There are very few movies with a reputation as bad as that of The Hunting Party. It’s mean-spirited, gory and not afraid to offend its audience, and those are just the positive things…
It starts with cattle baron Gene Hackman mistreating his wife Candice Bergen, possibly as compensation for his failure in bed (although this was unclear, maybe due to the jumpy editing, as this interlude is inter-cut in the UK with some non-BBFC-friendly animal slaughter). It’s nothing personal, as he swiftly moves on to stubbing out his cigar on prostitutes in a clunky metaphorical way. It’s an early prototype for Hackman’s Western Villain character (see Unforgiven and The Quick and the Dead), and he’s immediately right at home, leading a bunch of equally odious rich friends on a hunting trip using new-fangled rifles which can drop a target at 800 yards. At this point, ranch hand Oliver Reed makes the bone-headed decision to kidnap schoolteacher Bergen, as he wants to learn to read (?) The rest of the film follows them as Hackman changes the purpose of his trip and pursues Reed, Bergen and their gang across the desert – as was common at the time, Almeria stands in for the desert areas of the US.
Reed is more sympathetic than usual, despite playing his typical unshaven thug, and Bergen looks pretty, in much the same way as she did in Soldier Blue a couple of years earlier – she must have tired of atrocity-based westerns after this. I suspect her rough treatment and subsequent acquiescence/ Stockholm Syndrome is the thing that offended critics the most – she seems willing to tolerate rape and kidnap once she’s given a few peaches by Reed, in the single worst-judged comic interlude I can remember.
While most critics dismiss The Hunting Party as nothing more than a mean-spirited excuse to cash in on Spanish tax breaks and the permissive attitude to violence ushered in by The Wild Bunch a few years earlier, it’s actually a tense and reasonably intelligent depiction of obsession and its damaging effects. It’s certainly a better movie than the compromised and dull Shalako, which really looks like a multi-national attempt to make a western.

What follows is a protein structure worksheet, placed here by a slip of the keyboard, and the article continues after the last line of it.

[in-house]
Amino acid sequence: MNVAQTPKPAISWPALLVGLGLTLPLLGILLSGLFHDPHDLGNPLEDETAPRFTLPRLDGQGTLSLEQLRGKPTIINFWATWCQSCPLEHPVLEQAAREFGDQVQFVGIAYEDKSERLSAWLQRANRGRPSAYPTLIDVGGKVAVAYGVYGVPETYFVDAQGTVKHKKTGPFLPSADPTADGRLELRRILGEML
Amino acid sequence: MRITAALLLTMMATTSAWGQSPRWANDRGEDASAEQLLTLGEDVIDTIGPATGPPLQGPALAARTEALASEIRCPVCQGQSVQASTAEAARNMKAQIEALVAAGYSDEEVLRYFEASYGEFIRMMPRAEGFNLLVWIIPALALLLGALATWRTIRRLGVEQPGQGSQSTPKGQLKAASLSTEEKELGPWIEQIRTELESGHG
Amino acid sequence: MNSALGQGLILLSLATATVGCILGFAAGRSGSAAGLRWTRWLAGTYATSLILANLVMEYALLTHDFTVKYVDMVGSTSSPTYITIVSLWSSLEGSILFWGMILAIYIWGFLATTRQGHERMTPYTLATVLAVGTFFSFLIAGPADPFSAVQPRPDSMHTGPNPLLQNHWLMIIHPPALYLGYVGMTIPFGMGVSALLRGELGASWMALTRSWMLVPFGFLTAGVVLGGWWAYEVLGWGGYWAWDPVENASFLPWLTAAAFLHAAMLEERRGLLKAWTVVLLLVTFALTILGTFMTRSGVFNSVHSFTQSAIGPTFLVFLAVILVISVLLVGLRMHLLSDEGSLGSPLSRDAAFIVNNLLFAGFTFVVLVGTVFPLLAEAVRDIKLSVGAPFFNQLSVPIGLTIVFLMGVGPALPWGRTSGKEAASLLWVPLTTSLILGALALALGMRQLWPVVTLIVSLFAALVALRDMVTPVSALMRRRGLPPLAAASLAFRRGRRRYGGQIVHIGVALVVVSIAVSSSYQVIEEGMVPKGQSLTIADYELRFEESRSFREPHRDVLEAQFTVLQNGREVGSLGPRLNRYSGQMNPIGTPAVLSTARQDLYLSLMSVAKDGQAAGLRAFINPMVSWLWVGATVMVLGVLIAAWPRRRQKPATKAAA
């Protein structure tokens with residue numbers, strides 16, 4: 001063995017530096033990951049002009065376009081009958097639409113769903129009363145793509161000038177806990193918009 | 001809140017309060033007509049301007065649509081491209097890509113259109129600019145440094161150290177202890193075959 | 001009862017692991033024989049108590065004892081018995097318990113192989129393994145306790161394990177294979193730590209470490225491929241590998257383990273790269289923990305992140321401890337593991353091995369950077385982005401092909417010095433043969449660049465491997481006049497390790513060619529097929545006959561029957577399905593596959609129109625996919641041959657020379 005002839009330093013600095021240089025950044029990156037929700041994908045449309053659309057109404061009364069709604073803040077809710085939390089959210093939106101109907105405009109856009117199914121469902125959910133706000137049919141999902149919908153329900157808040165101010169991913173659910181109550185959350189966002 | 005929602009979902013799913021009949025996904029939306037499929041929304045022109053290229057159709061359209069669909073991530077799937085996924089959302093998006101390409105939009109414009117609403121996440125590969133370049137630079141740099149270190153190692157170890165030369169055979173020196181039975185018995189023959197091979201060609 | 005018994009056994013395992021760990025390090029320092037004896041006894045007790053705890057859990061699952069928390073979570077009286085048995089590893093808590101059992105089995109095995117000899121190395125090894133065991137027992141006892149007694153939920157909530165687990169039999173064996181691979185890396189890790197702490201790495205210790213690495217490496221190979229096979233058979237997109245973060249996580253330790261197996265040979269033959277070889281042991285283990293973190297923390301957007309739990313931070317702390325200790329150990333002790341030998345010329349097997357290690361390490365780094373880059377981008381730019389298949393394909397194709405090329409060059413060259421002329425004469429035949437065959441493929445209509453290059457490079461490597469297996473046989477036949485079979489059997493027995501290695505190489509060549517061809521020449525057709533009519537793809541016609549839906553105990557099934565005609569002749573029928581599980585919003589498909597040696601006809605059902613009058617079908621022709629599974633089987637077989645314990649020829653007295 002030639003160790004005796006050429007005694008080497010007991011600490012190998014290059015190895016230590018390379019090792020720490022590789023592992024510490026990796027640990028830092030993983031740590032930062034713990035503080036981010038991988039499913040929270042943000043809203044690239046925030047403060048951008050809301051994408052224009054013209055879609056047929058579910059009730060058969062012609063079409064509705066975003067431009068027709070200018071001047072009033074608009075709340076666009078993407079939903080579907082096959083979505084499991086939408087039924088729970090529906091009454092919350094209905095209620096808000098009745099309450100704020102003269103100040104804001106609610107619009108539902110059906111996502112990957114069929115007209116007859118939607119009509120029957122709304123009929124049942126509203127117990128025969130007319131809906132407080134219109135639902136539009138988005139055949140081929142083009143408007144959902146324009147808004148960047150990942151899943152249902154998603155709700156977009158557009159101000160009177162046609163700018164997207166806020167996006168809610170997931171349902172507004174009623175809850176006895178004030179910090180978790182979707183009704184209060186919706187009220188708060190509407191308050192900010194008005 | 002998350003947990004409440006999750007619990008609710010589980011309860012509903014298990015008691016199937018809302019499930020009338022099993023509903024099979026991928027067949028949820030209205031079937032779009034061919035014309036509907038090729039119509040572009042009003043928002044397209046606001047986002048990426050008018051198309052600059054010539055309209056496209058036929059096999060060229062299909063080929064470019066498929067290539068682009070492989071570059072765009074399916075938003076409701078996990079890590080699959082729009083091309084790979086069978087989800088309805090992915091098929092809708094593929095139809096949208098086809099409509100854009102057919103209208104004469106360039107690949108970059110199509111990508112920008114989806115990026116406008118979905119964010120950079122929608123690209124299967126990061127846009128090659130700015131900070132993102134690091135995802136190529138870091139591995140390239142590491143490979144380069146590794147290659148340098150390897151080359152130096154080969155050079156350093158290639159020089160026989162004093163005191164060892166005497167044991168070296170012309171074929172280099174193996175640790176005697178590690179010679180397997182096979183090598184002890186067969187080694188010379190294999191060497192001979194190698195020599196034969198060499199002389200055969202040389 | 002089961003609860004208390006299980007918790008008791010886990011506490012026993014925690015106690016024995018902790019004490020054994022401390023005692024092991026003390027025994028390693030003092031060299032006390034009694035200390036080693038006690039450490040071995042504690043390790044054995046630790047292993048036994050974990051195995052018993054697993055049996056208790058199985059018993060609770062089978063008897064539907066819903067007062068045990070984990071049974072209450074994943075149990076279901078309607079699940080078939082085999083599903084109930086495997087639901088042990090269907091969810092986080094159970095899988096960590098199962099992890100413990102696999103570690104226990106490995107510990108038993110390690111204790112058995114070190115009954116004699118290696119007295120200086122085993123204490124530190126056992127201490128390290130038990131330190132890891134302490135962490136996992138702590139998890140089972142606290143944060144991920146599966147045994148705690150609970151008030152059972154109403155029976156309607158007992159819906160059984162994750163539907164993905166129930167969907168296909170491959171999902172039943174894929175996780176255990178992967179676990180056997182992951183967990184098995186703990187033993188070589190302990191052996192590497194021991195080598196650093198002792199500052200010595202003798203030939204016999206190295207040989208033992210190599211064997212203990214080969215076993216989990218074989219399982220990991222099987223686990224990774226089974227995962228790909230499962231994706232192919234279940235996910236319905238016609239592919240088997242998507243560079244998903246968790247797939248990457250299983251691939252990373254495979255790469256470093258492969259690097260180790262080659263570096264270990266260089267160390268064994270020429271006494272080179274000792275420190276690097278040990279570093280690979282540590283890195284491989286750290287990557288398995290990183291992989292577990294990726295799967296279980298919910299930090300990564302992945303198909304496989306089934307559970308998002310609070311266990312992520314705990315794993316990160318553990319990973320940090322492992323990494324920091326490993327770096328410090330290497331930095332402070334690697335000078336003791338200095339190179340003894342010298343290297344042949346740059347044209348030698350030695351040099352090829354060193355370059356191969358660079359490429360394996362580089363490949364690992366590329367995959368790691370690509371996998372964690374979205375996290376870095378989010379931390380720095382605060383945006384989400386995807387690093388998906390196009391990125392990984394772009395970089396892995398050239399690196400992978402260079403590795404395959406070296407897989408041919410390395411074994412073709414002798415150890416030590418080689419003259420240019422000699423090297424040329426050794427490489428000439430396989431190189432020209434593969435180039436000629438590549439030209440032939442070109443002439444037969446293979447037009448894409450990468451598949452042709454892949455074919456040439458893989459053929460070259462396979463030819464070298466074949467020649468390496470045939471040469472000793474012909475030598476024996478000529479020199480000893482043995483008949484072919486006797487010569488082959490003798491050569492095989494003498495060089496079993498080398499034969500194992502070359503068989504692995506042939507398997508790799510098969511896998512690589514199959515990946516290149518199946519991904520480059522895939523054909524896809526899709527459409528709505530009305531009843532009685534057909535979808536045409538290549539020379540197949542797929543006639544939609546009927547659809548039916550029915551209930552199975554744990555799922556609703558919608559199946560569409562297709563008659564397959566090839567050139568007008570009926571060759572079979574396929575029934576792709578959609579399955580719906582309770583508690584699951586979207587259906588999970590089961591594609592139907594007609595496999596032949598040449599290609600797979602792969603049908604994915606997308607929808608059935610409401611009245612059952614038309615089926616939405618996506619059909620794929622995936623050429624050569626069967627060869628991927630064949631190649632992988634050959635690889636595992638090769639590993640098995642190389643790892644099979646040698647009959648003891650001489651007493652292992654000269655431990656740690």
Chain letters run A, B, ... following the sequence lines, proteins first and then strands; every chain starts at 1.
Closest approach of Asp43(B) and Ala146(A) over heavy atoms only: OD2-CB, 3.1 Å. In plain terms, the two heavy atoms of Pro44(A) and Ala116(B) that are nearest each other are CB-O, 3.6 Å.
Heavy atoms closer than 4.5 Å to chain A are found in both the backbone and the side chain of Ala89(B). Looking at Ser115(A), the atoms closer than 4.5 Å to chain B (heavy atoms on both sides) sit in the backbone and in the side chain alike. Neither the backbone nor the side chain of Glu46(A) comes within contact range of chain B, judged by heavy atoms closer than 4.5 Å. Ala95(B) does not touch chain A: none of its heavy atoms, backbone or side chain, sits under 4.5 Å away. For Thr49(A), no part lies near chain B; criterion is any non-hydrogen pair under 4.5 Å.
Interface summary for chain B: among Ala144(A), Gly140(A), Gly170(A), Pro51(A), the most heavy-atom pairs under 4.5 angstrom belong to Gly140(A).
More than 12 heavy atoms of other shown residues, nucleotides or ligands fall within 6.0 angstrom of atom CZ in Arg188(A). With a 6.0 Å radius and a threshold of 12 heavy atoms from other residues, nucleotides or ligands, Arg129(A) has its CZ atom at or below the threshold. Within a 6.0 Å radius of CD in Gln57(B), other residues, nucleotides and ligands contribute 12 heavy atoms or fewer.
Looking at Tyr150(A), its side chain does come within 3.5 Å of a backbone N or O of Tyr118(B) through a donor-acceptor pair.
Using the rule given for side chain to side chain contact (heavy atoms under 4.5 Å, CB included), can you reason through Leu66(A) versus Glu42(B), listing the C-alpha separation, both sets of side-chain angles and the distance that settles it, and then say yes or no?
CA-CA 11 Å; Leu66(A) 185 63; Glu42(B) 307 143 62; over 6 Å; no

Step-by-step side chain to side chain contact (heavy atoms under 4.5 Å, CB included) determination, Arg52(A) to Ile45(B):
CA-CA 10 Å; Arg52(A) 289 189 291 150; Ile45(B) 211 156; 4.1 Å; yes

TV veteran Don Medford handles things more competently than most of his low-budget contemporaries, progressing the story at just the right speed and getting fine performances out of the multi-national cast. There’s also a terrific melodic score in the Morricone vein by Italian composer Riz Ortolani, only stumbling in the aforementioned ‘peaches’ scene. There’s nothing worse than broad European comedy underscored by plucked strings, though that didn’t stop most spaghetti westerns from attempting it. Even Leone was unable to avoid embarrassment in this type of scene.
As for the much-criticised gore, if anything the movie underplays the effects of being shot with a rifle from 800 yards, and is nowhere near the Savini-style splatter-fest that you might be led to expect. Given the era, you also get any number of unsubtle Vietnam metaphors, unavoidable with hindsight but also coherently handled in a western context.
All the cast play villains in one way or another, although some have doubts about the increasing headcount, leading to a continuous reassessment of the audience’s loyalties. It’s admittedly a harsh and unforgiving story, but that’s exactly the point, and Medford has the integrity to carry the story through to its only logical conclusion.
It’s not for all the family, but for western completists, it’s one of the more interesting movies of the early ’70s boom.
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